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  • Pema Dorje
    to raise awareness about Tibet His goal is to go on a cross country peace march As he recently stated Some time next year I will undertake a peace march from here to New York and if something happens on the way for the right cause of the Tibetan situation or the preservation of Tibetan culture or any other great important causes other than Tibetan I am willing to risk

    Original URL path: http://www.internationalfolkart.org/exhibitions/past/hah_tibet/tinm/h/index.html (2016-02-12)
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  • Pema Rabgay
    and married the following year Now they have a young daughter named Sonam On raising children in America Pema says I think first generation immigrants have the most difficult time raising children The parents are at work and the children are at school and the children see their parents doing housework and they lose their parents as role models because the children want to be successful and they choose someone

    Original URL path: http://www.internationalfolkart.org/exhibitions/past/hah_tibet/tinm/i/index.html (2016-02-12)
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  • Gendun Sakyal and Thinley Wangmo
    Tibetan couple to marry in New Mexico To do this they traveled back to India where they were wed quietly during the winter of 1994 in Dharamsala the home of Thinley s parents From the left is Thinley s son

    Original URL path: http://www.internationalfolkart.org/exhibitions/past/hah_tibet/tinm/e/index.html (2016-02-12)
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  • Dorjee Gyaltsen
    to visit his family in April 1994 His mother listening to him practice a new tune carried Dorjee as an infant out of Tibet on her back A tall striking

    Original URL path: http://www.internationalfolkart.org/exhibitions/past/hah_tibet/tinm/c/index.html (2016-02-12)
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  • Lobsang
    who currently runs a Tibetan cultural center in Philadelphia Lobsang Samten is well known throughout the world for creating numerous mandala s from memory From March 8 1998 to April 19 1999 Lobsang Samten and his assistant Thupten Chonyi constructed

    Original URL path: http://www.internationalfolkart.org/exhibitions/past/hah_tibet/mandala/lobsang/index.html (2016-02-12)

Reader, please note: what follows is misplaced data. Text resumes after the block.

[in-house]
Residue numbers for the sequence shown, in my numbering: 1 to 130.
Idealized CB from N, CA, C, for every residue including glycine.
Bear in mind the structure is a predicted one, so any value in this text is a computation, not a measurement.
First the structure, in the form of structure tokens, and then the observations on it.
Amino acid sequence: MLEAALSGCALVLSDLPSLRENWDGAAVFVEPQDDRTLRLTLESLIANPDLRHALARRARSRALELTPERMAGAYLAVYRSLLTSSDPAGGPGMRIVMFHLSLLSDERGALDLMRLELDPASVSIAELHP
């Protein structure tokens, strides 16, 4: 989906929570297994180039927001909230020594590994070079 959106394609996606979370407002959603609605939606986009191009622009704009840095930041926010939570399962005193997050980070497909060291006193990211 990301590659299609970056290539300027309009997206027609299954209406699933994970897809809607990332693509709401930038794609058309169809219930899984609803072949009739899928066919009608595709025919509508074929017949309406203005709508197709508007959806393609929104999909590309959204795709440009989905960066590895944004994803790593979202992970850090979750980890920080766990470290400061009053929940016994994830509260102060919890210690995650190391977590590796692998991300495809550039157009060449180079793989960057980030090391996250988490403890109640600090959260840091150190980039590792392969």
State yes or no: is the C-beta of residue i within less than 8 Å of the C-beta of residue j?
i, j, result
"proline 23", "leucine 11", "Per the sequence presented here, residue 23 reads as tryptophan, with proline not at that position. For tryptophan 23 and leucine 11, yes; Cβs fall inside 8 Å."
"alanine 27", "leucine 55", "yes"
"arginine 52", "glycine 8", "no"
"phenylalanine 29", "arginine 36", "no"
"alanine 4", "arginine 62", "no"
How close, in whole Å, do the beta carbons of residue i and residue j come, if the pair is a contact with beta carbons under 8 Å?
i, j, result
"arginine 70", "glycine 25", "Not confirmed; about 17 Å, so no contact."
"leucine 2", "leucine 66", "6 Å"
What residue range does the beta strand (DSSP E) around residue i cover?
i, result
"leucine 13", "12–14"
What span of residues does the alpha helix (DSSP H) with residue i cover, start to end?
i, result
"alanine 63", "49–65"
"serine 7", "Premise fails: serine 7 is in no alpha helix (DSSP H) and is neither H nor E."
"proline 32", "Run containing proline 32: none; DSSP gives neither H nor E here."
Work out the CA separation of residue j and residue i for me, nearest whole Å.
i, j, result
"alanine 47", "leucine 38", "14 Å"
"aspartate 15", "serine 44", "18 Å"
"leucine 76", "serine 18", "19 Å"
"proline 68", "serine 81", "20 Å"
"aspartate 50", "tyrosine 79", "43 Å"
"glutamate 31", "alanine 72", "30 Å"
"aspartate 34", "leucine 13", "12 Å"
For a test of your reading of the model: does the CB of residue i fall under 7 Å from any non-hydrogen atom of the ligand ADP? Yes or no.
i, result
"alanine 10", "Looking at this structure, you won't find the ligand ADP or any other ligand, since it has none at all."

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  • Life in India
    this section of the exhibition Paldonlak left THF in March of 1996 Her father died in early 1996 and her mother in May of 1996 which compelled her to leave Mussoorie and return to Lhasa where she now lives Thupten Sangyal Selling Sweaters on the Mussoorie Mall In addition to other modes of occupation Tibetans in India have taken to small scale business to supplement their income One of the

    Original URL path: http://www.internationalfolkart.org/exhibitions/past/hah_tibet/tyouth/lifein/index.html (2016-02-12)
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  • Imagining Home
    woman from Amdo whose distinctive clothing includes a gyabtar hanging down her back The Amdo gyabtar is worn by a woman who is over 18 signifying that she is now a woman who is able to live in her own tent Phurbu Tsering b 1975 Khampa Warriors at Stupa The province of Kham in eastern Tibet is known for its brave soldiers Many people from Kham formed a guerrilla movement

    Original URL path: http://www.internationalfolkart.org/exhibitions/past/hah_tibet/tyouth/imhome/index.html (2016-02-12)
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  • Recycling and the Aesthetics of Sound
    emerged from the scrap heap of the oil industry during the Second World War It was around this time that young islanders began to transform discarded 55 gallon oil barrels into tunable percussive instruments with a revolutionary new sound Some people credit famed steel drummaker Ellie Mannette with the idea of tuning the bottom of a steel drum so that it can produce a wide range of musical notes Today a full orchestra consists of about 25 such drums known locally as pans The pan musicians playing by ear with incredible precision perform everything from calypso to European classics Rattles drums and scrapers are all designed to make sounds and keep the beat For centuries percussion makers from Africa to the Americas have made such instruments from natural materials like gourd hide shell bone pebbles and bark In the 20th century common Euro American cast offs tin cans plastic buckets eating utensils metal pipes brake drums and pot lids have been adapted by folk musicians for percussive music making Not all members of traditional communities are necessarily happy with the change in volume or quality of the resultant recycled sound For example the ceremonial use of bean and food can

    Original URL path: http://www.internationalfolkart.org/exhibitions/past/recycledreseen/sound/soundpage.html (2016-02-12)
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